Well, maybe you can imagine that the sun size is biggest in Mercury sky and smallest in Pluto sky. But how big is it and how small?
The apparent size of any object depends of its real size and of the distance from it. We can see this apparent size as an angular one. In an easy exercise, you can put your index and middle fingers in the way of two scissors that can be opened or closed as we need. Put them close to your eyes and try to measure the size of the objects around you. How open your two fingers are is a measurement of the apparent size of each thing that you see.
The branch of mathematics known as trigonometry studies the angles and its properties. We can draw a diagram of the sun seen at two different distances and for that reason; it is easy to see two different angles that form two different triangles. These triangles are named rectangles because one of its angles is 90°. The half of the angle that we are looking for is denominated a. If we call D the distance between the sun and the planet (you can see that D is also the base of the triangle or adjacent cathetus to angle a) and R the size of the sun radius (opposite cathetus to angle a), then trigonometry relates the catheti and the angle a in the following way:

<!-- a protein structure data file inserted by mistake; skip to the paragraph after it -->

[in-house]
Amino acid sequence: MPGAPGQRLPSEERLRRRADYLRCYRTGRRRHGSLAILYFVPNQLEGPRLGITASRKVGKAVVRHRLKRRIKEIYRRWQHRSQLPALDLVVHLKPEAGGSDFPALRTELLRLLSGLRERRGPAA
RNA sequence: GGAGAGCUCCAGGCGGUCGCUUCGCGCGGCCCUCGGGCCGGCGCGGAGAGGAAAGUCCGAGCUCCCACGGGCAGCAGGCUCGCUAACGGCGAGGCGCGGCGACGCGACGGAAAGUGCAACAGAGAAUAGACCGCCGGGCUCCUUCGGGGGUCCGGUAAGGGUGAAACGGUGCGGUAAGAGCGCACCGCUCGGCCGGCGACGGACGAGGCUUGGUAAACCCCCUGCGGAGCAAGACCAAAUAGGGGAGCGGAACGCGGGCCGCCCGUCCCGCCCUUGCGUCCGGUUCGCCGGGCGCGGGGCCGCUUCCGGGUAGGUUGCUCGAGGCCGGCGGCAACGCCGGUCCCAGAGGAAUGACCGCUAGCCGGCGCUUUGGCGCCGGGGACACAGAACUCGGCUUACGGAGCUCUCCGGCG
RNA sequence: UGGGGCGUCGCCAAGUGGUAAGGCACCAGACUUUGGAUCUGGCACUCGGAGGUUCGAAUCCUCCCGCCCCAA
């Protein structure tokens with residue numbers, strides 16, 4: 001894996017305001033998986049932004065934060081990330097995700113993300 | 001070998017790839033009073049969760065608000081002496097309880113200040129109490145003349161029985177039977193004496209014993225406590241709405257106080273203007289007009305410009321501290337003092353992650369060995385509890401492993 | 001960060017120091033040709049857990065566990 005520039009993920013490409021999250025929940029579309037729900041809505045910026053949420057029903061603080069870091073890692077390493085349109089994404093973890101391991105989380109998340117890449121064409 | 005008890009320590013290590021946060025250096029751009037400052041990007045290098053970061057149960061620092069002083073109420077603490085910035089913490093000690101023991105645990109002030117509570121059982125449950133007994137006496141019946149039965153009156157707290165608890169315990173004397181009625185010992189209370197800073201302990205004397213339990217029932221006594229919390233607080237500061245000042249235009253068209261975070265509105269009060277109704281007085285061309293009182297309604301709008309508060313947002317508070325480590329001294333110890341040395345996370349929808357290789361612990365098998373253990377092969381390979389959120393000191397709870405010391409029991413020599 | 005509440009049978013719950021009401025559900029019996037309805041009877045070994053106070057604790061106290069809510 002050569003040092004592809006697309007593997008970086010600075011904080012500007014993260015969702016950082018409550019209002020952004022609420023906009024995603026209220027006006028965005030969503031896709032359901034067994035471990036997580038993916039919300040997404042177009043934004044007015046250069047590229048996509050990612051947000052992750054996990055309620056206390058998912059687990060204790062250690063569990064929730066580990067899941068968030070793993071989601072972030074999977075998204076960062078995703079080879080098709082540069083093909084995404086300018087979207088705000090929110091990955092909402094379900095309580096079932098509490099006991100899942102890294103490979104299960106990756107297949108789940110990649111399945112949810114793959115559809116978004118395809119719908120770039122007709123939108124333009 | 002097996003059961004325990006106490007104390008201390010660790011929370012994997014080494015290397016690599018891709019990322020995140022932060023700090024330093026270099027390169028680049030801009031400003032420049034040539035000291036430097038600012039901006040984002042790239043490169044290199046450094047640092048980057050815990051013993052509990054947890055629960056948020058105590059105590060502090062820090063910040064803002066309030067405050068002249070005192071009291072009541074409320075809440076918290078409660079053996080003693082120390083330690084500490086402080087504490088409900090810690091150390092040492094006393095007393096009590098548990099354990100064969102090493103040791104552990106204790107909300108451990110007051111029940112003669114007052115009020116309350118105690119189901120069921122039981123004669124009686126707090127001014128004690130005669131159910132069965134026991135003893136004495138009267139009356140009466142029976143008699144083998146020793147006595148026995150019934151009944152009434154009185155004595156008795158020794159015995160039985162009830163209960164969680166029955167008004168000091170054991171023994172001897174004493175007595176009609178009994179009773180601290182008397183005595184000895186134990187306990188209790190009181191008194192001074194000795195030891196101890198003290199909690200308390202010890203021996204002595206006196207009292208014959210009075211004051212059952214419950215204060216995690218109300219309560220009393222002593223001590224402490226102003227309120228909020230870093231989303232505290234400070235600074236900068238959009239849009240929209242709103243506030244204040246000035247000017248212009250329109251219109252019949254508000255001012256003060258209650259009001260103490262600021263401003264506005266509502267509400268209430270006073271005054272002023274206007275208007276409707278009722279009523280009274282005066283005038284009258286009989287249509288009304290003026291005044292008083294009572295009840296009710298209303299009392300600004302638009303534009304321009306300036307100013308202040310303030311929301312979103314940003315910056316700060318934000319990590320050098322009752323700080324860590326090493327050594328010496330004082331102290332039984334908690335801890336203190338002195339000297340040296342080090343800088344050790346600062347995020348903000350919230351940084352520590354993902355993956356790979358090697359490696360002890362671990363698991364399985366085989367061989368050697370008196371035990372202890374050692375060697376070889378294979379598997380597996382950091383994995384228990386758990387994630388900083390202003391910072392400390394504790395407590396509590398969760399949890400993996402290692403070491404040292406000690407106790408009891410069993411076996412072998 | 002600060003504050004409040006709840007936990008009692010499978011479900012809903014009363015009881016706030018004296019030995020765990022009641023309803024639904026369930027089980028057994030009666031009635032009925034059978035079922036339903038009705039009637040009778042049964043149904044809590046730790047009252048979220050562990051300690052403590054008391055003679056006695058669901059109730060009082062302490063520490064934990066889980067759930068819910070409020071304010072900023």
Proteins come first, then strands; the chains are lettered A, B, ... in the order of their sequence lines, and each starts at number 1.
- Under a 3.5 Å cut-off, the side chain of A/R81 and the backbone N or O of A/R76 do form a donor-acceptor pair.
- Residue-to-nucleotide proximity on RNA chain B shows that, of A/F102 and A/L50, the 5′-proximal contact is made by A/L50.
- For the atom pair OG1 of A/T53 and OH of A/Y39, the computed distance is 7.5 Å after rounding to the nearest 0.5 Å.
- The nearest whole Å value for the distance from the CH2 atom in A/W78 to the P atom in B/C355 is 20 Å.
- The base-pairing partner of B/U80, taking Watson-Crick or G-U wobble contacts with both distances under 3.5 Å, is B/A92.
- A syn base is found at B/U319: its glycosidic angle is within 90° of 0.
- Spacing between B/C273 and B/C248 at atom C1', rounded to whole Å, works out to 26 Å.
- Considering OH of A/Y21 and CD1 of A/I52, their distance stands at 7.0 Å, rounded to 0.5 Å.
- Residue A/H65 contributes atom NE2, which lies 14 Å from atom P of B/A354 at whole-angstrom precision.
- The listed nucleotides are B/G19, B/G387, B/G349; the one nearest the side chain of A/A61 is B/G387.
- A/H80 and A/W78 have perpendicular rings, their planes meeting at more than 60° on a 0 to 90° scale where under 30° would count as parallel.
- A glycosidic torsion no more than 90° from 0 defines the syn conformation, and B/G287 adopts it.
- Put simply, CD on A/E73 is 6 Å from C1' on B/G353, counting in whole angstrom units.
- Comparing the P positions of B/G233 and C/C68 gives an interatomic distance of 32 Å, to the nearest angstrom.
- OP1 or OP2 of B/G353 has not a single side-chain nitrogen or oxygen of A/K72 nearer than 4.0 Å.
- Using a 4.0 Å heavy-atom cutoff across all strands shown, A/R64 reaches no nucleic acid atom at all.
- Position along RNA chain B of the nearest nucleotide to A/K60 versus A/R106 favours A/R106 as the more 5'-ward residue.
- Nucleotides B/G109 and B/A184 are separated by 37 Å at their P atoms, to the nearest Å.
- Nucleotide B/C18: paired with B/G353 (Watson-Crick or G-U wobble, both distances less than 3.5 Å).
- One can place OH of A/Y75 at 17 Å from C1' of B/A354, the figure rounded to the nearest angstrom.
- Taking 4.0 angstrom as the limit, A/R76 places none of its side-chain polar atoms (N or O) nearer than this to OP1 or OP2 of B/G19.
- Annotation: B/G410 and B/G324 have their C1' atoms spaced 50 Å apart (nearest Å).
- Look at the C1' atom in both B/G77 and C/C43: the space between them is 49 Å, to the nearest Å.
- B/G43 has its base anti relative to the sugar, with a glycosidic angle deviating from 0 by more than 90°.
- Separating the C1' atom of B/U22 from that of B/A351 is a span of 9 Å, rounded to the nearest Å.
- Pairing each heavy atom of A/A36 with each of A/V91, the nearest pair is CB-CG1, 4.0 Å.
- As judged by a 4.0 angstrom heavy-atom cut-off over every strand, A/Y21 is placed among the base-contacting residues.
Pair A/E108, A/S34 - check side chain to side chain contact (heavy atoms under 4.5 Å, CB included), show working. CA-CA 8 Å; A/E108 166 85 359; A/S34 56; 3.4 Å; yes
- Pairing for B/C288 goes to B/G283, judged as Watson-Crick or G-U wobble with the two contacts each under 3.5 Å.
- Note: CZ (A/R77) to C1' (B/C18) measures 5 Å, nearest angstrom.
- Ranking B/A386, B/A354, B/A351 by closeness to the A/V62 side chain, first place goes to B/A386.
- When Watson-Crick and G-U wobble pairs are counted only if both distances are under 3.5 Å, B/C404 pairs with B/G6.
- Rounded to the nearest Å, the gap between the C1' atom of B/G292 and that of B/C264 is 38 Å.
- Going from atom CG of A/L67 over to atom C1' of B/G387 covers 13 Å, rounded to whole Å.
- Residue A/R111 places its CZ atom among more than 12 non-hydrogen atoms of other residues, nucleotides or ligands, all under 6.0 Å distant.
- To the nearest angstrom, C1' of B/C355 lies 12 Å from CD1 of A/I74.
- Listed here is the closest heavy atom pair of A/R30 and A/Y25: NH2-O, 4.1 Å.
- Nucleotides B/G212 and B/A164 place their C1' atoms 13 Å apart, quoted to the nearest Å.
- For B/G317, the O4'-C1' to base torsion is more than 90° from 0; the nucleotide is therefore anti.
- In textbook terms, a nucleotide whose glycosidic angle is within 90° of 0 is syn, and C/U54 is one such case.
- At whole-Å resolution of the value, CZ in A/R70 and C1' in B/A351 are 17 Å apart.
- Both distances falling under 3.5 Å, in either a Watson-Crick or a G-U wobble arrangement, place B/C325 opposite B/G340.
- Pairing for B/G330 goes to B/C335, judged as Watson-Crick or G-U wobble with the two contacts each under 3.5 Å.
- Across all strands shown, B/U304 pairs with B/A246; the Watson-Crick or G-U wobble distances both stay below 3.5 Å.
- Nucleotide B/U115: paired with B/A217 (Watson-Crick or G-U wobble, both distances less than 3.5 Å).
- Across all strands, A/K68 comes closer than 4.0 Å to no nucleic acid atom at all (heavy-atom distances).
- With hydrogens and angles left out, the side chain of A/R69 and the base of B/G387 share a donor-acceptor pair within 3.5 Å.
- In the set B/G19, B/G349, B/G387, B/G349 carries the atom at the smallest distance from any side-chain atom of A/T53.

tan (a) = R/D
Where tan refers to the trigonometry tangent function. If you solve this equation for the angle a and put the real radius measurement in R and the distance D of the planet to the sun, you can obtain the angular size of the sun for every planetary sky.
If you see the sun size in an Earth landscape, you can imagine or draw the size of the sun for other skies in relation to the Earth’ sky. I made this and obtained this diagram that share to you and only needs your own extraterrestrial landscape.
Well, start drawing! Who knows what marvelous thing you can do?